History of the Republic of the United States of America: As Traced in the Writings of Alexander Hamilton and of His Contemporaries, Volume 4

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D. Appleton, 1879 - United States
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Page 361 - All charges of war, and all other expenses that shall be incurred for the common defence or general welfare, and allowed by the United States in Congress assembled, shall be defrayed out of a common treasury...
Page 244 - States, namely, that every power vested in a government is in its nature sovereign, and includes, by force of the term, a right to employ all the means requisite and fairly applicable to the attainment of the ends of such power, and which are not precluded by restrictions and exceptions specified in the constitution, or not immoral, or not contrary to the essential ends of political society.
Page 431 - Congress be authorized to make such requisitions in proportion to the whole number of white and other free citizens and inhabitants, of every age, sex, and condition, including those bound to servitude for a term of years, and three-fifths of all other persons not comprehended in the foregoing description, except Indians not paying taxes...
Page 350 - It is therefore of necessity left to the discretion of the national legislature, to pronounce upon the objects which concern the general welfare, and for which, under that description, an appropriation of money is requisite and proper. And there seems to be no room for a doubt, that whatever concerns the general interests of learning, of agriculture, of manufactures, and of commerce, are within the sphere of the national councils, as far as regards an application of money.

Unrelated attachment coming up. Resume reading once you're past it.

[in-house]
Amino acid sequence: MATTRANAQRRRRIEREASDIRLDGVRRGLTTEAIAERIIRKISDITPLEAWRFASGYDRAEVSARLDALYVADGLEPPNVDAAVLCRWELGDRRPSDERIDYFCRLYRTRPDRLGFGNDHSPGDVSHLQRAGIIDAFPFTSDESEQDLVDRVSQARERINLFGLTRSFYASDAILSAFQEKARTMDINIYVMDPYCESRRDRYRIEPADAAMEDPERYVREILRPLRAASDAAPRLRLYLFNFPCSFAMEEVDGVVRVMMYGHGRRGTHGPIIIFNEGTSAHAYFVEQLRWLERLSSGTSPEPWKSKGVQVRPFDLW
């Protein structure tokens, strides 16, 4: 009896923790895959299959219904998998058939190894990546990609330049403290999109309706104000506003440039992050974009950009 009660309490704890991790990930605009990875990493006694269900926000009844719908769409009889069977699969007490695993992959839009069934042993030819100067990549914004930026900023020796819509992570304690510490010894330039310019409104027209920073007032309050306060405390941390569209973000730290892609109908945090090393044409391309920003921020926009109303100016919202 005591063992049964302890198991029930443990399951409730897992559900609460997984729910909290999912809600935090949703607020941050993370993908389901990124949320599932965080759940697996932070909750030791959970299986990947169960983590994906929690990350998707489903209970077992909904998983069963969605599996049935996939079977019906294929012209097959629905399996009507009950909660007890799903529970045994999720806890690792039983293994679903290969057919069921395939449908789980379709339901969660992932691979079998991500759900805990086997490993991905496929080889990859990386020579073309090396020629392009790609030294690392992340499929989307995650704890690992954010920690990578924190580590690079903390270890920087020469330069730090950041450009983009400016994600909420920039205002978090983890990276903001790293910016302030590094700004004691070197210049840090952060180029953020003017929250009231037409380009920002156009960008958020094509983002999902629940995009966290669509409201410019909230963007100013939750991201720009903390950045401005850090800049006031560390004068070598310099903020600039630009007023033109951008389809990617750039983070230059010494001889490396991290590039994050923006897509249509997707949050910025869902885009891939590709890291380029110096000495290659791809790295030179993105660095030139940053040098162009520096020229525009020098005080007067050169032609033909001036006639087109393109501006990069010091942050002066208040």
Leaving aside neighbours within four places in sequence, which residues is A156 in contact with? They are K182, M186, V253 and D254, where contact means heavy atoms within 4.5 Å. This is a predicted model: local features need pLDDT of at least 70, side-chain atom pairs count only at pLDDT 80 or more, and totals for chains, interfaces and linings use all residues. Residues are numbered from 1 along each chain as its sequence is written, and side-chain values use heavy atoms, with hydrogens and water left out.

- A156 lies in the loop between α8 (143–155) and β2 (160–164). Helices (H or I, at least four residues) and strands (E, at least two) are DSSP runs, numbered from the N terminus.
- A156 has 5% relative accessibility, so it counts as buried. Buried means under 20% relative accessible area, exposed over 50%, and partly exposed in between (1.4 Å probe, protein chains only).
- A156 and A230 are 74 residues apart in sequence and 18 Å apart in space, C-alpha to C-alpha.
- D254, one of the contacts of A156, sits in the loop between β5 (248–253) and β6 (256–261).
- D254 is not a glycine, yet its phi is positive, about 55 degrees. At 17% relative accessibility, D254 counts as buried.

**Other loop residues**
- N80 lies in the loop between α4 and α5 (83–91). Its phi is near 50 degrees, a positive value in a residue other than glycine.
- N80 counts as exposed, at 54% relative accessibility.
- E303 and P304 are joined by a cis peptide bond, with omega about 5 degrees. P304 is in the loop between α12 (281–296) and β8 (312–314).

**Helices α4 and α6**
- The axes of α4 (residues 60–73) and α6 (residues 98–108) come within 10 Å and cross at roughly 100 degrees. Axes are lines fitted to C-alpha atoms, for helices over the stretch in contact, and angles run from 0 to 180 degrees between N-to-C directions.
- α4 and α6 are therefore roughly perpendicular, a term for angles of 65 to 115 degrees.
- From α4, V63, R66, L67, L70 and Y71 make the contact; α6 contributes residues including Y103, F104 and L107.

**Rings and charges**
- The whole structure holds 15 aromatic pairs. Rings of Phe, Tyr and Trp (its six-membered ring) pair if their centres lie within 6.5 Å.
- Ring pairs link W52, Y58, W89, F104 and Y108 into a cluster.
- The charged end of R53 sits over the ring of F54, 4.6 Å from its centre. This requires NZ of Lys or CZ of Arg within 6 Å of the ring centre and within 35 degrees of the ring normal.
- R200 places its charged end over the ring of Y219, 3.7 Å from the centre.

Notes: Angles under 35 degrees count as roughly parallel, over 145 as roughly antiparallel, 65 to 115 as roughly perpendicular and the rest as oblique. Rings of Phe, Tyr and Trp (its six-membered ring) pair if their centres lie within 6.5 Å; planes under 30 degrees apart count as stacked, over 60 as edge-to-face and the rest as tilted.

Page 166 - An Ordinance for ascertaining the mode of disposing of Lands in the Western Territory.
Page 463 - I like much the general idea of framing a government which should go on of itself, peaceably, without needing continual recurrence to the state legislatures. I like the organization of the government into legislative, judiciary and executive. I like the power given the legislature to levy taxes, and for that reason solely, I approve of the greater House being chosen by the people directly.
Page 303 - The phrase is as comprehensive as any that could have been used; because it was not fit that the constitutional authority of the Union to appropriate its revenues, should have been restricted within narrower limits than the " general welfare;" and because this necessarily embraces a vast variety of particulars, which are susceptible neither of specification nor of definition.
Page 121 - If you find reason to believe there is a God, a consciousness that you are acting under his eye, and that he approves you, will be a vast additional incitement; if that there be a future state...
Page 436 - The executive in our governments is not the sole, it is scarcely the principal object of my jealousy. The tyranny of the legislatures is the most formidable dread at present, and will be for long years. That of the executive will come in its turn, but it will be at a remote period.
Page 423 - ... and to execute such other powers, ' not legislative nor judiciary in their nature,' as may from time to time be delegated by the national Legislature.

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